Here’s my second round of cool desktop and compact systems from the 2017 version of Munich’s High End. Note that the Constellation Audio Leo, a high-end all-in-one product, isn’t included here because we’ve already written about it elsewhere. Prices in euros or USD as specified.
Turns out I was wrong when I thought the DALI Klatch was the only portable Bluetooth speaker at High End. The show also debuted the Gravity One (€380), a joint effort from KEF and Porsche Design. The guts of the Gravity One are essentially the same as in the KEF Muo Bluetooth speaker, with full-range drivers that join a central tweeter section with an outer midrange-woofer section through a compliant coupling. The difference is that the Gravity One has two smaller passive radiators instead of a single larger one. The Gravity One also adds a speakerphone function and a power bank function that charges devices connected to its USB jack underneath.
Longtime compact audio system enthusiasts (there’s at least one of us) remember the Cambridge SoundWorks Model 88, a great mid-1990s stereo AM/FM tabletop radio developed by the late audio industry legend Henry Kloss. The new The+Audio The+Stereo Model 88 ($499) updates the original design with new features. The new model offers Bluetooth, network Wi-Fi music streaming through an iOS/Android app, analog and optical digital inputs, and access to various streaming services such as Tidal and Spotify Connect. It has two midtweeters (each with a 25W amp), an internal subwoofer with a 50W amp, and a bass-reinforcing passive radiator.
For audiophiles aged 50 and up, the The+Audio The+Record Player ($999) might trigger terrifying flashbacks of the all-in-one monophonic record players of the 1950s and ’60s. But the The+Record Player should be a lot better than those. It has two 1" tweeters (each powered by a 15W amp) and two 3.5" woofers (each powered by a 35W amp). And according to the company, the turntable will be audiophile-grade. (The prototype shown here uses Pro-Ject turntable components, but they may end up using components from a different brand.) It also has Bluetooth, two analog inputs, a coaxial digital input, a headphone jack, and a USB output for dubbing records onto a computer.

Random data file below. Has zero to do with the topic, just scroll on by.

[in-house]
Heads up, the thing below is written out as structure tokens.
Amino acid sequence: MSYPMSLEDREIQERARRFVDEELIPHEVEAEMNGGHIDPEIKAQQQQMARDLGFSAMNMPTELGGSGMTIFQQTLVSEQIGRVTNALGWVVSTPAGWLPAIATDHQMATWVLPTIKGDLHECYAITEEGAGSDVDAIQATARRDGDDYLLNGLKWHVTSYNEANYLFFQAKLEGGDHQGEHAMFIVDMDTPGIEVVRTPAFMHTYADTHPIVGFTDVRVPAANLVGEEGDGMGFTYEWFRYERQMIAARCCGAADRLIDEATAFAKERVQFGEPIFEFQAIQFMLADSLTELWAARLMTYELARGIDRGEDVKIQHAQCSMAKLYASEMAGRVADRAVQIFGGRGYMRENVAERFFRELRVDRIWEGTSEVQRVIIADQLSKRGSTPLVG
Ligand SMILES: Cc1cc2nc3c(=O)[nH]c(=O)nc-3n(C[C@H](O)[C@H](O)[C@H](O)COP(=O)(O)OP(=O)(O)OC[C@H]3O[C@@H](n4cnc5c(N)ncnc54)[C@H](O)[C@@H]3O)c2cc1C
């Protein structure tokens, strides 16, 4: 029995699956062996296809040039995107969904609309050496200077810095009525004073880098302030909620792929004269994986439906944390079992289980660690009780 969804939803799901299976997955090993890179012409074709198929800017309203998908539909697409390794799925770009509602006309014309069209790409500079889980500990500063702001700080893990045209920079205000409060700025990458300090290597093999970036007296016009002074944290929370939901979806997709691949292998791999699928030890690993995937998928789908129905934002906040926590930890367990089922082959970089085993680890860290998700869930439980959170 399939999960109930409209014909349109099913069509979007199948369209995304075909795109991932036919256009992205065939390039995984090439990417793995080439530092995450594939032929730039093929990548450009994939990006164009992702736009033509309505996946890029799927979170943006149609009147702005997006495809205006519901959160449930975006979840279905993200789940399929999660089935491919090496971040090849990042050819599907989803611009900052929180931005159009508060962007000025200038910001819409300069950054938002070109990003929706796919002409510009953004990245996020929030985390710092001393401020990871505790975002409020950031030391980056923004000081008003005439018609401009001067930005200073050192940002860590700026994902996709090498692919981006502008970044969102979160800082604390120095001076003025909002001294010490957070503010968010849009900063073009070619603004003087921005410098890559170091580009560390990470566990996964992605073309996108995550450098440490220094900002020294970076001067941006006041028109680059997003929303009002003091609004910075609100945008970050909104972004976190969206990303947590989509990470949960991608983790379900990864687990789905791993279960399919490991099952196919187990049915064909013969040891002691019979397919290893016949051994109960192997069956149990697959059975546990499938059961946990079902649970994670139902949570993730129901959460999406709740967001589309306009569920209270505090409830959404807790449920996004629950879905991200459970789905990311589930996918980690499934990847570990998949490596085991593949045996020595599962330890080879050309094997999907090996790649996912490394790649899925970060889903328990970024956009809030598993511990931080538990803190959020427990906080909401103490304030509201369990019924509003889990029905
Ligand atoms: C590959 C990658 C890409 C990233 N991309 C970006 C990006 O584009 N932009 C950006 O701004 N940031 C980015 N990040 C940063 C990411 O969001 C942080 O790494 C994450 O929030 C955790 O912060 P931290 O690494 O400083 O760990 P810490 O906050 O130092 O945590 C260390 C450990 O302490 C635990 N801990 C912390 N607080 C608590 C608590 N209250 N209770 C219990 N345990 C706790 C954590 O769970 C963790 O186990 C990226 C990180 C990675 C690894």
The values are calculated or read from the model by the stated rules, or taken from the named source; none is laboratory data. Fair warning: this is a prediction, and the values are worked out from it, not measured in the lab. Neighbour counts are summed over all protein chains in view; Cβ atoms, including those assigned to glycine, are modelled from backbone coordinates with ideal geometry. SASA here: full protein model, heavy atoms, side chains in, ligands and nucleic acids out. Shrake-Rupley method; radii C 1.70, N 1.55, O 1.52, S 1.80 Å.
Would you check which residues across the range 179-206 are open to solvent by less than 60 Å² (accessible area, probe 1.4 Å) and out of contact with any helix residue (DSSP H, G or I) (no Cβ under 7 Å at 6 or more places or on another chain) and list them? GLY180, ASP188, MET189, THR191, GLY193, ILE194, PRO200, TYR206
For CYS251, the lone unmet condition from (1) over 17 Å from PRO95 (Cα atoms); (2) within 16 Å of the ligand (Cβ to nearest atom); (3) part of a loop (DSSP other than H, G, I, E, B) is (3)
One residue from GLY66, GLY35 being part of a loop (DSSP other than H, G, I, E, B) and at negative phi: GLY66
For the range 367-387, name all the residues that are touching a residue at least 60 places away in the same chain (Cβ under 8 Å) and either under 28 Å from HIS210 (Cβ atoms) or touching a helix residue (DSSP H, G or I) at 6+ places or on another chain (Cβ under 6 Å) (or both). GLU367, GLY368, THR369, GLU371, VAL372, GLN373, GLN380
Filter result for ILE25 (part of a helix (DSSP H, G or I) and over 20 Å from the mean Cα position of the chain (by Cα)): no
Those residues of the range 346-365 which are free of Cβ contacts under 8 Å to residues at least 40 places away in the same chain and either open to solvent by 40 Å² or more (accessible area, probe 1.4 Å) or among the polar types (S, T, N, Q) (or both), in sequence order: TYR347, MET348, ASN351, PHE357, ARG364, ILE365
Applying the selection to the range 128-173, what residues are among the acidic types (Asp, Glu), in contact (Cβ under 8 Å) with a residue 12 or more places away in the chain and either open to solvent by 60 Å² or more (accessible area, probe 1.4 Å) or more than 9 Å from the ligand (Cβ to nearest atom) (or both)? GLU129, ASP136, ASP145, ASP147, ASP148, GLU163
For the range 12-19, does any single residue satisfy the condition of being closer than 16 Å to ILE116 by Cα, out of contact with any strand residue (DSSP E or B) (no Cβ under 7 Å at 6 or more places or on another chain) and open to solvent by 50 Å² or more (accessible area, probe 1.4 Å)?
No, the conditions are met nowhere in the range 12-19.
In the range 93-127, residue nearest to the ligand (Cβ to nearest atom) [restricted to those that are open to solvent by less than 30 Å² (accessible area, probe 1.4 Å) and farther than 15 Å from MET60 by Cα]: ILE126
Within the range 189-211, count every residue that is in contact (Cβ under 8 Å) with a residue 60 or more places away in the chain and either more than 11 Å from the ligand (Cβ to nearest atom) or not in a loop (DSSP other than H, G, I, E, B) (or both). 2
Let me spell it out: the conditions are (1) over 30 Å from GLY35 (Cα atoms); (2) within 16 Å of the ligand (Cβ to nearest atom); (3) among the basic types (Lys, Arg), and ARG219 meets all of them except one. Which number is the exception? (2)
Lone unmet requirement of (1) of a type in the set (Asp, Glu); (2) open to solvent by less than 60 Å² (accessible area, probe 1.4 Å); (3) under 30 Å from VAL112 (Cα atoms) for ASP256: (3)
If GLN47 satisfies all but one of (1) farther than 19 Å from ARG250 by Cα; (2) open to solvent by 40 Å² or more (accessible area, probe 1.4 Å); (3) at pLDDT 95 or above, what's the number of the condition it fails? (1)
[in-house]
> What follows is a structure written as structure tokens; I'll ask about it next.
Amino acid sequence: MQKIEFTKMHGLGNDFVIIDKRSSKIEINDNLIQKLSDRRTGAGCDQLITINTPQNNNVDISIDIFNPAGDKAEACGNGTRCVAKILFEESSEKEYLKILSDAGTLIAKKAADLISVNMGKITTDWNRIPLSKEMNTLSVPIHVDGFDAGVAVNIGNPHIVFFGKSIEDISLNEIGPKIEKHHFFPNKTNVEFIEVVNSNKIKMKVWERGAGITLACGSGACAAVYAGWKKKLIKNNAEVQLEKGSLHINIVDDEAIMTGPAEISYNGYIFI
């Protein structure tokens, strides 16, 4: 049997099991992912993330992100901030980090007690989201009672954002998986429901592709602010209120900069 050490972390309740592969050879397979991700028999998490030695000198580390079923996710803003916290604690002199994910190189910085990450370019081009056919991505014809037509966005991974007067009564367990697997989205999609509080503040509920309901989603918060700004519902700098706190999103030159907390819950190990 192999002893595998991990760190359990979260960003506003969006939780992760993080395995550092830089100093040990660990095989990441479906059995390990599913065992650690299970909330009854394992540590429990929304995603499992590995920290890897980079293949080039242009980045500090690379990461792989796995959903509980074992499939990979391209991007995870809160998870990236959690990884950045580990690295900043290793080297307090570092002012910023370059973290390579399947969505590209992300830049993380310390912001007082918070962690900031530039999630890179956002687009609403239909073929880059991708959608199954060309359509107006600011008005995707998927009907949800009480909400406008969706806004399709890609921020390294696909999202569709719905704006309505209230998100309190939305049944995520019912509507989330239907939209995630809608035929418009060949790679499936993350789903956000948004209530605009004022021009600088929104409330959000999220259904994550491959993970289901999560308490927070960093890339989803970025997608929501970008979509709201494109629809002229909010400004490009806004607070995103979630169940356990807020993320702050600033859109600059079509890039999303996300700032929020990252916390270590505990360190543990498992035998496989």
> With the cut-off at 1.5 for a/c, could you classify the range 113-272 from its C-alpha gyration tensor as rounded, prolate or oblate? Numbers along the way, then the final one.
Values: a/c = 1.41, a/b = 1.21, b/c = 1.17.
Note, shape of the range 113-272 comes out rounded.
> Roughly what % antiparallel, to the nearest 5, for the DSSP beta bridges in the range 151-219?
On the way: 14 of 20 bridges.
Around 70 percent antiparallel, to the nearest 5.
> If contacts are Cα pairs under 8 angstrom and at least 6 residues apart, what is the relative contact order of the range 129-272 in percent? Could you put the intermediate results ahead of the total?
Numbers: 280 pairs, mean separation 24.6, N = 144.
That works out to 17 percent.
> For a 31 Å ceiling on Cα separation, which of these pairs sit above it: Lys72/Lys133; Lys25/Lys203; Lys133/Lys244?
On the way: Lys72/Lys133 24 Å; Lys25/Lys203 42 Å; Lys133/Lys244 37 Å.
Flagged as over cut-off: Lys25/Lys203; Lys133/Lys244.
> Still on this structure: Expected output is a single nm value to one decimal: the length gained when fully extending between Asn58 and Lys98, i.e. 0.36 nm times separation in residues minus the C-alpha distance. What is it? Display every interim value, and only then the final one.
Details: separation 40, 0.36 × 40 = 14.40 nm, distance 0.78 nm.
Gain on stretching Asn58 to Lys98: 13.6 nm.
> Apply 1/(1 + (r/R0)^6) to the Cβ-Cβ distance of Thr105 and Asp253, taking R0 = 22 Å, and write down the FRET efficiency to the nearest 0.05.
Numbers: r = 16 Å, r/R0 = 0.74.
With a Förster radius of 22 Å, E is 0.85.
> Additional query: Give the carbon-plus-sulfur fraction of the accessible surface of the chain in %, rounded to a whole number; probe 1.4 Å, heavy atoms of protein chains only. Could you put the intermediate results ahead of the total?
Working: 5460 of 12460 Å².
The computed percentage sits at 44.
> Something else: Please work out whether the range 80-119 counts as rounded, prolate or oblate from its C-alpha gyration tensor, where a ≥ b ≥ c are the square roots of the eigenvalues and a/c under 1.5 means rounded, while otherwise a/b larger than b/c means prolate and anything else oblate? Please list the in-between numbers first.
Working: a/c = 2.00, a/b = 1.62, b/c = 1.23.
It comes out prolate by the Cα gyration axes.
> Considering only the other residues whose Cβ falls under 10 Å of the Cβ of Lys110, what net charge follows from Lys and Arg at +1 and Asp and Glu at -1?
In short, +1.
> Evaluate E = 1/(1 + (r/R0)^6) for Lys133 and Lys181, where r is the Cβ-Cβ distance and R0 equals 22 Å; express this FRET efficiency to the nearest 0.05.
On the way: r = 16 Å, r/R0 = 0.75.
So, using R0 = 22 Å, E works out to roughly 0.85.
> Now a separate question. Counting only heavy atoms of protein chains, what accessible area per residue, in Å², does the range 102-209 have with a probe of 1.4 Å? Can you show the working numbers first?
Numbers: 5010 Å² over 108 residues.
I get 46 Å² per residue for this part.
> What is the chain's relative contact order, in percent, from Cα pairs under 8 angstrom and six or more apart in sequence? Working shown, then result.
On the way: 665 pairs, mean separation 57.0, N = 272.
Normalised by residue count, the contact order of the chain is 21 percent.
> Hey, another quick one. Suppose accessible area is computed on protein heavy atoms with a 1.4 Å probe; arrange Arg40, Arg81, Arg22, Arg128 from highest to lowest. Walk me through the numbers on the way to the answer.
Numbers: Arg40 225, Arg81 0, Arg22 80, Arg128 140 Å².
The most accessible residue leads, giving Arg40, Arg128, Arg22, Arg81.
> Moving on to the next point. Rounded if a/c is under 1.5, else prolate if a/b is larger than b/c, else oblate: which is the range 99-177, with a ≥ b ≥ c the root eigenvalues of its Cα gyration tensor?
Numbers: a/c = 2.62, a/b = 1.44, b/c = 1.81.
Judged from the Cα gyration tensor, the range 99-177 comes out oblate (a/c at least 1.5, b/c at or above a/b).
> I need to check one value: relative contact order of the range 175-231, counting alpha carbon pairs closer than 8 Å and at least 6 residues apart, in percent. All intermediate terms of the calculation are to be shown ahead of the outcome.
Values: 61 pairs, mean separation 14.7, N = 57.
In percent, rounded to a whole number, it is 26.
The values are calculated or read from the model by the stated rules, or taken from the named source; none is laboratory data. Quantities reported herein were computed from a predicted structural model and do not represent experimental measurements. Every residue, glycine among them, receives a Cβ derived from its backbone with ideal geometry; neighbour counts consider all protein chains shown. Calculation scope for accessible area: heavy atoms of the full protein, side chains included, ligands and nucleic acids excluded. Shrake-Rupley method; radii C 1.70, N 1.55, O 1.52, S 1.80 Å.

Speaking of Pro-Ject, the company showed the final versions of its Setup components, which it referred to last year only as the DS2 series. They’re available in walnut, rosewood, or the eucalyptus grain shown in the photo. The components shown here are (left to right) the Classic SB turntable (€1399), the Tube Box DS2 phono preamp (€699), the Pre Box DS2 Analogue preamp (€499), the Amp Box DS2 power amp (€599), and the Speaker Box 5 DS2 speakers (€899/pr.).
The Tivoli Audio Model One Digital ($299) is another modernized version of a tabletop radio originally designed by Henry Kloss. It incorporates an FM tuner, Bluetooth, and Wi-Fi. Through an iOS/Android app, it can stream audio from a network, and it can also access streaming services such as Spotify and Tidal directly. Multiple Model Ones and certain other Tivoli Audio components can also function together in a multiroom system.
Aerix’s Trio system is a central unit with a CD player, Bluetooth, and DTS Play-Fi streaming/multiroom capability, joined with two omnidirectional speakers. Each of the speakers has an upward-firing driver with vents pointing in all directions, a downward-firing woofer, and a side-firing passive radiator. It also has an HDMI input so it can be used as a soundbar in conjunction with a TV set. The price hasn’t been set yet, but is expected to be roughly €2300 for the full system.
Senior Contributor, SoundStage!